Another Case of Brain Cancer In Baseball. What’s Going On?

A seeming epidemic is probably just an illusion—albeit a tragic one

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Hunter Martin / Getty Images

Former Philadelphia Phillies catcher Darren Daulton takes part in the Alumni Night celebration before a game between the Philadelphia Phillies and the New York Mets at Citizens Bank Park in Philadelphia, on August 7, 2010.

Retired Philadelphia Phillies catcher Darren Daulton revealed he was diagnosed with glioblastoma. That makes seven Major League Baseball (MLB) players or managers to succumb to the disease in recent years. Is there a cancer cluster in baseball?

Baseball fans were jolted by the sad news that Daulton, 51, has been diagnosed with the aggressive form of brain cancer, which has a median survival rate of just 15 months and a five-year survival rate of 4%. Some people do defy those odds, and Daulton’s family and his legion of fans are rooting for him to be one of them.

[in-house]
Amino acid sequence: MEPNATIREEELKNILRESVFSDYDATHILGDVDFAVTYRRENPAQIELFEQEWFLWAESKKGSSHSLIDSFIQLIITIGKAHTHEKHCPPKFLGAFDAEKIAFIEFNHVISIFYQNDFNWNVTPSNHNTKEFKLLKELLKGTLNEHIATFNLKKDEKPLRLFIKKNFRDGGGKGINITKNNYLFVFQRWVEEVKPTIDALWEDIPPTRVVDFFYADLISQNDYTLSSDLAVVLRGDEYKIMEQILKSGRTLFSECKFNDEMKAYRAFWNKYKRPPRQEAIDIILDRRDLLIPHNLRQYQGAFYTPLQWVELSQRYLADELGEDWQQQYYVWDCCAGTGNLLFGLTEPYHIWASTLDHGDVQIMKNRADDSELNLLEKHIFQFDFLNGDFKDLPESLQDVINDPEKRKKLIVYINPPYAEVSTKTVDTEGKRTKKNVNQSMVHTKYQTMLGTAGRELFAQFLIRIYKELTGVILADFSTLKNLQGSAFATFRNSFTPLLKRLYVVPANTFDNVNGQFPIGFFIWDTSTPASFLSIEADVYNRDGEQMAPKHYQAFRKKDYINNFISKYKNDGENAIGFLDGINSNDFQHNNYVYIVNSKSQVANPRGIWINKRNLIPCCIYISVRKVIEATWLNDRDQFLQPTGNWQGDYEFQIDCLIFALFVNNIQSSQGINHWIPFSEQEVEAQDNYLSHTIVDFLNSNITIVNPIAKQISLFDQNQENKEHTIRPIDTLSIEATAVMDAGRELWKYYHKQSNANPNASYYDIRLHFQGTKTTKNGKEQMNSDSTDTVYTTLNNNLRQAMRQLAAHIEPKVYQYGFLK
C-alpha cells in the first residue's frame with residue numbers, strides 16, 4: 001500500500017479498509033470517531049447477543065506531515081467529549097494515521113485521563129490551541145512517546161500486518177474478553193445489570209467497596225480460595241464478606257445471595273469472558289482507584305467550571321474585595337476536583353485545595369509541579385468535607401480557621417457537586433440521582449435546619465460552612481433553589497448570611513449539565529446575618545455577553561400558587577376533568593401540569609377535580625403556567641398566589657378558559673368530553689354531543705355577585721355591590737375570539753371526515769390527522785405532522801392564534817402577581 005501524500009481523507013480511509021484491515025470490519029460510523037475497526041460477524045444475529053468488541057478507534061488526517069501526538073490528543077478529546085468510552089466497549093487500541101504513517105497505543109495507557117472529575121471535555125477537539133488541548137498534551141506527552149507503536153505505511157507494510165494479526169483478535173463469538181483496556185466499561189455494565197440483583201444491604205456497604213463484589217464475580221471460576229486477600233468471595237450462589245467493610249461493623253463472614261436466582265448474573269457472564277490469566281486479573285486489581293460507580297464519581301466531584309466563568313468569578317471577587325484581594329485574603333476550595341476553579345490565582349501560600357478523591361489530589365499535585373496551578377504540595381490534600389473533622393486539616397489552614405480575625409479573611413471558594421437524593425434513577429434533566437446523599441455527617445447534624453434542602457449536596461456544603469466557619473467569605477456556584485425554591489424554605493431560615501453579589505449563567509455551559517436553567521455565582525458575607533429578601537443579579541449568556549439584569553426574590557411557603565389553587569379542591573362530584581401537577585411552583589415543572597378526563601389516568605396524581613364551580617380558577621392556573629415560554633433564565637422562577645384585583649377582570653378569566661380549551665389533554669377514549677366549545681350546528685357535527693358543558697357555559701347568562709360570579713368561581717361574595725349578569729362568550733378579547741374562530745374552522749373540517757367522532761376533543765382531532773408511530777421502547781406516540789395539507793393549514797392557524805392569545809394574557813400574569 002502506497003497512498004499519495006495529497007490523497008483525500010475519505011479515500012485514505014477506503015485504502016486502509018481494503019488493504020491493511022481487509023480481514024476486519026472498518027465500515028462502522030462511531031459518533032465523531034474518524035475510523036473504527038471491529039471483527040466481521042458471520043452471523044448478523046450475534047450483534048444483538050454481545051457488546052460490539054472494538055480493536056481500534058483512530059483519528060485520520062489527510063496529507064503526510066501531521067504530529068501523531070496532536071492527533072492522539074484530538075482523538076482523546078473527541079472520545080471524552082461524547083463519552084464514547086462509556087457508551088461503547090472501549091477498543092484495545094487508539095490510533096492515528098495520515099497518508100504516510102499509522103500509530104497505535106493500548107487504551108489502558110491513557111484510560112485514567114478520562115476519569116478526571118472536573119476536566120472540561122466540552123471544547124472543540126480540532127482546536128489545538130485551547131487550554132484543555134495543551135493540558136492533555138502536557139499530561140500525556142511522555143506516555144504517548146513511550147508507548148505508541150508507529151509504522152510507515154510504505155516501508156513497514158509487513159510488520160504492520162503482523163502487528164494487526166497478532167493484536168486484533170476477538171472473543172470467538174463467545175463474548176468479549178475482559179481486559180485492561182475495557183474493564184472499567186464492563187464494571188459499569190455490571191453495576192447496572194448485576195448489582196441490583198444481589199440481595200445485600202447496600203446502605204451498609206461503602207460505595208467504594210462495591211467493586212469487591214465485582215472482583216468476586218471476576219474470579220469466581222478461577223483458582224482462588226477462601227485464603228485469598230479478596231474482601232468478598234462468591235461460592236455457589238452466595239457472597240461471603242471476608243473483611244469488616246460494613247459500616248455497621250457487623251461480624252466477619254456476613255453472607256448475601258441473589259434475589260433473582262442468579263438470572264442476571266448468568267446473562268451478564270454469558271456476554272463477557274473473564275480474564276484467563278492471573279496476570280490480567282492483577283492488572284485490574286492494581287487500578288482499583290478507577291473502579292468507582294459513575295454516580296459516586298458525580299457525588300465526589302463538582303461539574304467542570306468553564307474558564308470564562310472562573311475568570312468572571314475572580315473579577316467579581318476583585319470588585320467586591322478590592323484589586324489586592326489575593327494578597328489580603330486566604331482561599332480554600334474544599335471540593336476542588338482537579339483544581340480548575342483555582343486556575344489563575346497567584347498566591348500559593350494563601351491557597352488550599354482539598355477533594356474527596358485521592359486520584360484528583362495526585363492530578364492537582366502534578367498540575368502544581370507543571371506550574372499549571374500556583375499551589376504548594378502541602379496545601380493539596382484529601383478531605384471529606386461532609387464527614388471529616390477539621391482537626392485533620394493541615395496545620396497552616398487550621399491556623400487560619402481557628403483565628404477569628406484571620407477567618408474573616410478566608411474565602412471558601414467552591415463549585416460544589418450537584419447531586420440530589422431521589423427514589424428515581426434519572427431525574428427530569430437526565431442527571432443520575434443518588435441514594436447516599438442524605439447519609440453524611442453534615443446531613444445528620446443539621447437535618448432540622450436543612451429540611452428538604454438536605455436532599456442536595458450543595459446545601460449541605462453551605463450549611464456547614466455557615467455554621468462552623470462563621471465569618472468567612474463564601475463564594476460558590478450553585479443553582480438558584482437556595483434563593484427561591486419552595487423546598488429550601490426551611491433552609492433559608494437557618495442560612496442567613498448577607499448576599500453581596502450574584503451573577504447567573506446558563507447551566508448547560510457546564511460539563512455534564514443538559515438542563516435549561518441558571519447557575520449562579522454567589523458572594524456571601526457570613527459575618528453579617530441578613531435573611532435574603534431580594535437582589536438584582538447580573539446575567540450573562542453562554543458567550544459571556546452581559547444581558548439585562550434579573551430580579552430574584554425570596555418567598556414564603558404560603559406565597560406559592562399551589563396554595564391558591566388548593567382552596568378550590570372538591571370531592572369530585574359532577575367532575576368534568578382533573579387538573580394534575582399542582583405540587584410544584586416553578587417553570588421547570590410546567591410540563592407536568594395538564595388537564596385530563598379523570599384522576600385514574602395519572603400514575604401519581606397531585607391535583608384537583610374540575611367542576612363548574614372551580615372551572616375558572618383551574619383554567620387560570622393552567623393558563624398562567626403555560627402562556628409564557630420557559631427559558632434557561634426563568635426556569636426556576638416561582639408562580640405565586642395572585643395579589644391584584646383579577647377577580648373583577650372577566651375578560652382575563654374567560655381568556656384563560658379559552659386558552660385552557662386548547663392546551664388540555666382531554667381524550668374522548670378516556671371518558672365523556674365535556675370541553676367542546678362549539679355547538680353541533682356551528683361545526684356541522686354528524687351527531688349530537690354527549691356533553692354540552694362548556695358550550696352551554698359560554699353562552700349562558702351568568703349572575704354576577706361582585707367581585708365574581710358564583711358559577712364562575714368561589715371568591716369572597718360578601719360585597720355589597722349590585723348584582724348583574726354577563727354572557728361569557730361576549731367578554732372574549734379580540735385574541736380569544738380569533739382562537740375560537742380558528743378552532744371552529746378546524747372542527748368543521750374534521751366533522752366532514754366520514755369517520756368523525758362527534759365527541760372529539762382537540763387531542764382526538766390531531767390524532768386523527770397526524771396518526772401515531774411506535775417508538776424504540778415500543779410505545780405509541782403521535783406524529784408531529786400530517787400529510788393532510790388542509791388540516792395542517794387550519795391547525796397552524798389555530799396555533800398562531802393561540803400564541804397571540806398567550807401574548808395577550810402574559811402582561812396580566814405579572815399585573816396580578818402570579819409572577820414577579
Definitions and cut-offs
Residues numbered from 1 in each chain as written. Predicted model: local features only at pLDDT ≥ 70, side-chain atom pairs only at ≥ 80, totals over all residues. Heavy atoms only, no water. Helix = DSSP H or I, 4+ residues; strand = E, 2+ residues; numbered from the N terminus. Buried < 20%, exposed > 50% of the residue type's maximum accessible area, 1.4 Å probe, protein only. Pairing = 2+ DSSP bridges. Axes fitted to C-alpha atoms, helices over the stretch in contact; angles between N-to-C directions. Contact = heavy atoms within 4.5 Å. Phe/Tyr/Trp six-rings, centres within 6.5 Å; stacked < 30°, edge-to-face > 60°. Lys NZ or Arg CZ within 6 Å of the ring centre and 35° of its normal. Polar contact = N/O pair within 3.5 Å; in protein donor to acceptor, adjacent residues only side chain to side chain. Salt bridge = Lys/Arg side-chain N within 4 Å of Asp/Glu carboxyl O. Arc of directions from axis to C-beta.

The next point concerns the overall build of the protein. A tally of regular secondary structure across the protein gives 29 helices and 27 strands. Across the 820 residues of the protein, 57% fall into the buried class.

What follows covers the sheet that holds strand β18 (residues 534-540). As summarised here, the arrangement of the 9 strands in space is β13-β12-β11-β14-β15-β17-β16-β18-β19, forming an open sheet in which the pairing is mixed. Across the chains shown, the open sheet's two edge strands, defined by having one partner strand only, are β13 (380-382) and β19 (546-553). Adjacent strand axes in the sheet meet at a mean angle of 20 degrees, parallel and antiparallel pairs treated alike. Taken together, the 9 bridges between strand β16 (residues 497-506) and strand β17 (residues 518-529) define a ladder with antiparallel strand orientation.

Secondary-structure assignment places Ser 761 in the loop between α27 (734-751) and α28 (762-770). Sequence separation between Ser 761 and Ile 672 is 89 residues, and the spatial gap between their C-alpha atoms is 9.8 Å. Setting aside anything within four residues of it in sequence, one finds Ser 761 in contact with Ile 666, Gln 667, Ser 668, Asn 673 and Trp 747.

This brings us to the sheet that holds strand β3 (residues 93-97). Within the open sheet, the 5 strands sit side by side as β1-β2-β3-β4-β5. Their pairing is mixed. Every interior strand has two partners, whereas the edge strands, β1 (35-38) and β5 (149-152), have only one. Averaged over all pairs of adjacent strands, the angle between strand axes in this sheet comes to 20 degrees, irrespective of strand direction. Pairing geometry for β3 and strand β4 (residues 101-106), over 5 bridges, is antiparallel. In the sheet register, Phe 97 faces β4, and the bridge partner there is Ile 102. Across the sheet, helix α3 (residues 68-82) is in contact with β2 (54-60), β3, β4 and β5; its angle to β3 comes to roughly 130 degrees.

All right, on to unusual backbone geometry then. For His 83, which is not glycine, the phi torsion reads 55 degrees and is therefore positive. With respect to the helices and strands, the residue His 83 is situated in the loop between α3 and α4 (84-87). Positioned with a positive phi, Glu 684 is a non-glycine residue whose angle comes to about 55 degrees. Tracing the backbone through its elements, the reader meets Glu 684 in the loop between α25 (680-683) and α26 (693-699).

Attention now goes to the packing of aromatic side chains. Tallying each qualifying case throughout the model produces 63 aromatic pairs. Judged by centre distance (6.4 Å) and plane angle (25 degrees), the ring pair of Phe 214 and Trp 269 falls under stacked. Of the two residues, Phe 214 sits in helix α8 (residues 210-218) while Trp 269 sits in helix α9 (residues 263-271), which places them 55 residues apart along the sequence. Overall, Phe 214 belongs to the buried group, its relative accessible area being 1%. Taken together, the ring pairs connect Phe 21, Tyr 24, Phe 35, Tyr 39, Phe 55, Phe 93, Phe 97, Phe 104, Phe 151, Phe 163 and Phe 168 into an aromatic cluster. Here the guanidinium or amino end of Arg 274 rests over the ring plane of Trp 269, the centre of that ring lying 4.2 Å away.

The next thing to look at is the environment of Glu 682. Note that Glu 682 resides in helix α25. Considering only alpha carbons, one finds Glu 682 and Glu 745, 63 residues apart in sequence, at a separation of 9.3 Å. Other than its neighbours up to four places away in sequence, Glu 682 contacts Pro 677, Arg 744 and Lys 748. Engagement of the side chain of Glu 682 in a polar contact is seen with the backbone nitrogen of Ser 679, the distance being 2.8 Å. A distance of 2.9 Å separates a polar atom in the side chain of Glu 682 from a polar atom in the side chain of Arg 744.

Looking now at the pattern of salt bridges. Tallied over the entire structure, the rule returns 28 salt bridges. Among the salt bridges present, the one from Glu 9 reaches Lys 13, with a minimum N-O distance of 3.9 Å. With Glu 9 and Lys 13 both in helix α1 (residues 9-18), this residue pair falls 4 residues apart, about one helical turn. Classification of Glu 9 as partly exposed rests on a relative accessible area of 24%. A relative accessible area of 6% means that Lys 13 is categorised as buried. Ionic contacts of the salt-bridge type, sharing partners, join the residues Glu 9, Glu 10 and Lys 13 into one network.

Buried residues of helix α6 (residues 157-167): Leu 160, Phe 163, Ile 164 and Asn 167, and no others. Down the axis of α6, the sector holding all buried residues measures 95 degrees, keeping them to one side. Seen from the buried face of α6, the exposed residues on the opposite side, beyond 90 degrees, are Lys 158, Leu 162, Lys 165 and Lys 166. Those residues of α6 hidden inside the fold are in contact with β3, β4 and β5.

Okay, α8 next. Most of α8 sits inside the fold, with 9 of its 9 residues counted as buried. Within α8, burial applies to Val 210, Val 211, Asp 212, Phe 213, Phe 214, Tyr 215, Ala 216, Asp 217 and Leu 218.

But the news also raised a deeper kind of worry. Glioblastoma is a rare cancer, but it does seem to turn up with disturbing frequency in the MLB. The disease has claimed the lives of a near-All Star roster of names that includes Gary Carter, Dick Howser, Johnny Oates, Ken Brett, Tug McGraw, Johnny Vukovich and more in the past decade or so. This, not surprisingly, has led people to look for  a connection between the cancer and the sport. Is there something about baseball—which involves nowhere near the ferocious contact that football does but does have its share of collisions—that is causing the trauma that leads to the disease? Daulton, Oates and Carter all played catcher, which is the most physical of all of the positions in the diamond. Is there something about a particular team or the geographic in which it plays? Brett, Oates, Vukovich and McGraw, like Daulton, spent at least part of their careers in Philadelphia.